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What Causes Fluid in the Hip Joint?

author image Lori Newell
I hold a Master's degree in exercise physiology/health promotion. I am a certified fitness specialist through the American College of Spots Medicine and an IYT certified yoga teacher. I have over 25 years experience teaching classes to both general public and those with chronic illness. The above allows me to write directly to the reader based on personal experiences.
What Causes Fluid in the Hip Joint?
Overuse of the hip joint can lead to inury and a build up of fluid. Photo Credit bike image by Wojciech Gajda from Fotolia.com

The hip joint contains bones, tendons, muscles, ligaments and fluid filled sacs called bursa. It is a ball and socket joint that allows the leg to be lifted out to the side, to the front, to the back, and it also allows a small amount of rotation. The structures within the hip joint can become inflamed due to injury or disease, which can cause a buildup of fluid in the hip. If this occurs, it is important to get a proper diagnosis, as different conditions call for different treatment approaches.


Like any joint in the body, the hip joint can develop arthritis. The two most common forms that occur in the hip are osteoarthritis and rheumatoid arthritis. Osteoarthritis occurs when the cartilage in the joint wears away and the bones rub against each other. Rheumatoid arthritis is an autoimmune condition in which the synovial lining of the joint becomes inflamed.

Both of these conditions can cause pain, stiffness and a buildup of fluid in the hip, states the American Academy of Orthopaedic Surgeons. X-rays and MRIs can help detect any excess fluid and a physician may need to aspirate some of the fluid to test for disease.

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The bursa or fluid filled sacs located within the hip joint, help to provide lubrication and cushioning. However, overuse of the hip area can cause these sacs to become inflamed leading to bursitis, warns MayoClinic.com. Along with fluid accumulation in the joint, there may be pain, stiffness, redness and swelling. This condition can be diagnosed during a physical exam, although other tests may be run to rule out other causes.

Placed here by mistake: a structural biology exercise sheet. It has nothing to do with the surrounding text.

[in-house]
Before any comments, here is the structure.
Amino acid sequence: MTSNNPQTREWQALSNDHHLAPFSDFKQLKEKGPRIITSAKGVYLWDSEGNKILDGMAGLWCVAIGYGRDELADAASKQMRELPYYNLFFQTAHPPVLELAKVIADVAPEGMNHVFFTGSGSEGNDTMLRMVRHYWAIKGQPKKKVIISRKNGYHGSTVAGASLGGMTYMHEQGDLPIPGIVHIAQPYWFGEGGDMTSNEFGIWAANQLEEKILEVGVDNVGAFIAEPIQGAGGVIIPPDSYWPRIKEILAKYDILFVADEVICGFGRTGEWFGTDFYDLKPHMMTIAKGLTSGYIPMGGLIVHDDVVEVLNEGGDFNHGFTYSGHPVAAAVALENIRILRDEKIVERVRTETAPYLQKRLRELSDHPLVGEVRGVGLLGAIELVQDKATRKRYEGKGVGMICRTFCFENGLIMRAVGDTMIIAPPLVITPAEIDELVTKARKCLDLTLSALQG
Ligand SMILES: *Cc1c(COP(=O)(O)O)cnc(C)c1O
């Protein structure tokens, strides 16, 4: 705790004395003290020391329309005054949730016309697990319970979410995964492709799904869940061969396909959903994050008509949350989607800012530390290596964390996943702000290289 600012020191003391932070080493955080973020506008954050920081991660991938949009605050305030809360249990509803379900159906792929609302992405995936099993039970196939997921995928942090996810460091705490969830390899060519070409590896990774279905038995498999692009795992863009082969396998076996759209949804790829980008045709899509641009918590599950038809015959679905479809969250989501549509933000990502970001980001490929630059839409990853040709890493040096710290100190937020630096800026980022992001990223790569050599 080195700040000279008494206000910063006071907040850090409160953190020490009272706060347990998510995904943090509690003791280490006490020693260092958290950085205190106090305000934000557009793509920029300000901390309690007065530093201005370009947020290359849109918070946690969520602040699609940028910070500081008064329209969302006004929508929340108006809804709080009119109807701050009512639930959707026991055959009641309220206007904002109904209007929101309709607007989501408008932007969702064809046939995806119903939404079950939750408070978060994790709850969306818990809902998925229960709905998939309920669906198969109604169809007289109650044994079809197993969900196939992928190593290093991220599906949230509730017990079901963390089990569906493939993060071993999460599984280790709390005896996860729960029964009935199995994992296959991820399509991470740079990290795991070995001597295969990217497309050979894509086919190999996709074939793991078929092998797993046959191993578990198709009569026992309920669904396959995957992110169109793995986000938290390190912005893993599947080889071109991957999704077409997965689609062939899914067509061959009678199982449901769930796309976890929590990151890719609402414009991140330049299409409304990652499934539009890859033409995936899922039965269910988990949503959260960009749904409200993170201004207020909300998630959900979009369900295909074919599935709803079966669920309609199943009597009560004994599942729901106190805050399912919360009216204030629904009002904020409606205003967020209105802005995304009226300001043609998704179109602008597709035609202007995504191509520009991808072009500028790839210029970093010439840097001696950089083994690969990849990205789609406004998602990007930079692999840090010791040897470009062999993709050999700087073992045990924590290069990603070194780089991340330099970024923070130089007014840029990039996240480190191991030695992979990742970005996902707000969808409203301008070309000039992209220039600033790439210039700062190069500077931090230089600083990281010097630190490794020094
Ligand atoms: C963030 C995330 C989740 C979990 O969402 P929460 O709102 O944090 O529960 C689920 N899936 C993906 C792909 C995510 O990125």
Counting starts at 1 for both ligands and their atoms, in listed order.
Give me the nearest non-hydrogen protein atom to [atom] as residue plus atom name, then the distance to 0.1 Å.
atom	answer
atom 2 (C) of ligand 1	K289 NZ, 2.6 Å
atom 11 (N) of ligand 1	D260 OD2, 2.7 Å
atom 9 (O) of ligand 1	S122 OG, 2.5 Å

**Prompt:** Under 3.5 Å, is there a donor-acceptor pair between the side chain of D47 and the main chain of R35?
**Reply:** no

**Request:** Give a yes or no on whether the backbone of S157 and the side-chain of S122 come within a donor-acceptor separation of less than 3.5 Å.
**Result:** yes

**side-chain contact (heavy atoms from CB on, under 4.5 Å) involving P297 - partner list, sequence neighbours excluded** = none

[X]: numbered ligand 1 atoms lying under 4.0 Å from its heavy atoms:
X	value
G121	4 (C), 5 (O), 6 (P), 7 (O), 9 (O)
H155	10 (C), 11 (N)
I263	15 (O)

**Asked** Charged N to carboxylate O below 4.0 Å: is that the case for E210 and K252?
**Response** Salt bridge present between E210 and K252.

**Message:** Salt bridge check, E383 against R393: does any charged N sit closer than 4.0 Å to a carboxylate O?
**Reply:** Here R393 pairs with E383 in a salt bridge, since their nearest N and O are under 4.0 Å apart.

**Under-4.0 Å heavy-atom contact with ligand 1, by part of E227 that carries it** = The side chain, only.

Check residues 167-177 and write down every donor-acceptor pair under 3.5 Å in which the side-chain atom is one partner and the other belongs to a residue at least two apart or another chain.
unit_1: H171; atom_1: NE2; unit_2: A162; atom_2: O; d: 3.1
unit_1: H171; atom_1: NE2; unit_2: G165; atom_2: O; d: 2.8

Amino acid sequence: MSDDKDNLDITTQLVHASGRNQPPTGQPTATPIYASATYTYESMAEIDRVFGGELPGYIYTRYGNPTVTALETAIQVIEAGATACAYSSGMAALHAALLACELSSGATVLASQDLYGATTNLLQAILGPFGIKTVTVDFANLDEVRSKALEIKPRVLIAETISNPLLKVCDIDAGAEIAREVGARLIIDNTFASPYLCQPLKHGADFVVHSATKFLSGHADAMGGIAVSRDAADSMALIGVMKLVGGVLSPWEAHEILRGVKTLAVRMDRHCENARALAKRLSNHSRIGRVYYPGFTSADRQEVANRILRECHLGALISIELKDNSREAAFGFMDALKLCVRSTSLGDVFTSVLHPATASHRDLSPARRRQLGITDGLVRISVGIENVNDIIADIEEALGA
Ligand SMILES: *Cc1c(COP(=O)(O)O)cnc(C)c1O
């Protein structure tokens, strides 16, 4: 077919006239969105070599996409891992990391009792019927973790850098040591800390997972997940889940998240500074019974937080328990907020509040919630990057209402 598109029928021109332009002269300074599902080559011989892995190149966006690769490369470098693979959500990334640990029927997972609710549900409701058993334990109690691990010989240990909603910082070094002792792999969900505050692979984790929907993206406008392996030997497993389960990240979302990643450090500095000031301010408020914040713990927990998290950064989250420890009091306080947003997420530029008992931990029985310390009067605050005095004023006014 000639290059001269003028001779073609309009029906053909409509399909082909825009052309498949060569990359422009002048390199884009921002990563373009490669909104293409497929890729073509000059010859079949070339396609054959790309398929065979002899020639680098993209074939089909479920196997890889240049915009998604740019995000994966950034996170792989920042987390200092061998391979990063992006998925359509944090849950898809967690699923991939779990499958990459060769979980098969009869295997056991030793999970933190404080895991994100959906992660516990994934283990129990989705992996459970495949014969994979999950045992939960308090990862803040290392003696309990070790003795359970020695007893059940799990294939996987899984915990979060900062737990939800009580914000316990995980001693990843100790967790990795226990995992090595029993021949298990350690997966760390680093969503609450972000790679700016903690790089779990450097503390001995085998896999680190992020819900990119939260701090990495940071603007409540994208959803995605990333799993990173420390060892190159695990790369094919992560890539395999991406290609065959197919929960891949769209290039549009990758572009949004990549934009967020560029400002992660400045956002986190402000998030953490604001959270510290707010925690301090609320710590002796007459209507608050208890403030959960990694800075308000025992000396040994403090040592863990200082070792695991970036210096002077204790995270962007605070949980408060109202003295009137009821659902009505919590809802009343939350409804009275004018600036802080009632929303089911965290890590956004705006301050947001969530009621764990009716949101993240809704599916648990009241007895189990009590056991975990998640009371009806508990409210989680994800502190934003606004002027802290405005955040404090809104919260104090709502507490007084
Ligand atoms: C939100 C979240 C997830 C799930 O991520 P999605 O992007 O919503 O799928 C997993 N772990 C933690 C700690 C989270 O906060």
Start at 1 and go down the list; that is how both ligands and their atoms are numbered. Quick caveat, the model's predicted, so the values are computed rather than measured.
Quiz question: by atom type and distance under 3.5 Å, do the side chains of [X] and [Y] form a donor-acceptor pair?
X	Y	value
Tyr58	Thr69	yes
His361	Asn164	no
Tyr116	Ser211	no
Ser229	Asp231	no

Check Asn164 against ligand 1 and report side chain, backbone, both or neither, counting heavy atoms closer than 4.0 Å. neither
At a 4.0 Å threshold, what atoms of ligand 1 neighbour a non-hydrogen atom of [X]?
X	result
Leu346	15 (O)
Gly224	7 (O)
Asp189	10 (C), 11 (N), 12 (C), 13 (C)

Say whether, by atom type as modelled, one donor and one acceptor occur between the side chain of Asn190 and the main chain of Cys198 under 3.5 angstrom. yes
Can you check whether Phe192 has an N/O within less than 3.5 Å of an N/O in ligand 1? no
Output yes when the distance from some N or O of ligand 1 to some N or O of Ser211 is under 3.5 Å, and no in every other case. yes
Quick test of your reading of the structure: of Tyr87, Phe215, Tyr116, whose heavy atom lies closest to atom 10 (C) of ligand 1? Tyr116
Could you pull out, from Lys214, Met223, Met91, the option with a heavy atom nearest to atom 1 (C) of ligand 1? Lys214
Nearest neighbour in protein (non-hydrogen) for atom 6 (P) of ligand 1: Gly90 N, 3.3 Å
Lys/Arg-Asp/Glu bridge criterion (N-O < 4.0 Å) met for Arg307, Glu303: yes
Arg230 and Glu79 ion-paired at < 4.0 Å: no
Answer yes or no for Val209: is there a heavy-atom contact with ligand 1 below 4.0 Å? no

When an infection occurs in the body, the immune system responds in part by causing swelling or a build up of fluid in the affected area. This can happen anywhere in the body, including the hip joint. Infections can occur after surgery, such as a hip replacement, or when bacteria enter the joint through a cut. Infections that start somewhere else in the body that are left untreated, can travel through the bloodstream and enter the hip joint. If an infection is the cause of fluid in the hip, there will usually be other symptoms, such as a fever, fatigue and weight loss, and other joints may become involved as well, claims Merck. An infection requires treatment with antibiotics and in severe cases, surgery may be required.


Osteonecrosis is a condition in which the bones do not receive an adequate supply of blood, which causes them to break down. The exact cause of this condition remains unknown; however, the risk is higher in those with inflammatory diseases or who have received treatment for cancer. This condition can also occur in the absence of disease and the hip joint is a common site.

According to the National Institute of Arthritis and Musculoskeletal and Skin Diseases, treatment is required to help prevent permanent disability and it will usually include medications to help reduce swelling in the joint. It may be necessary to refrain from weight bearing on the affected hip while it is healing, along with receiving other treatments to help stimulate bone growth.

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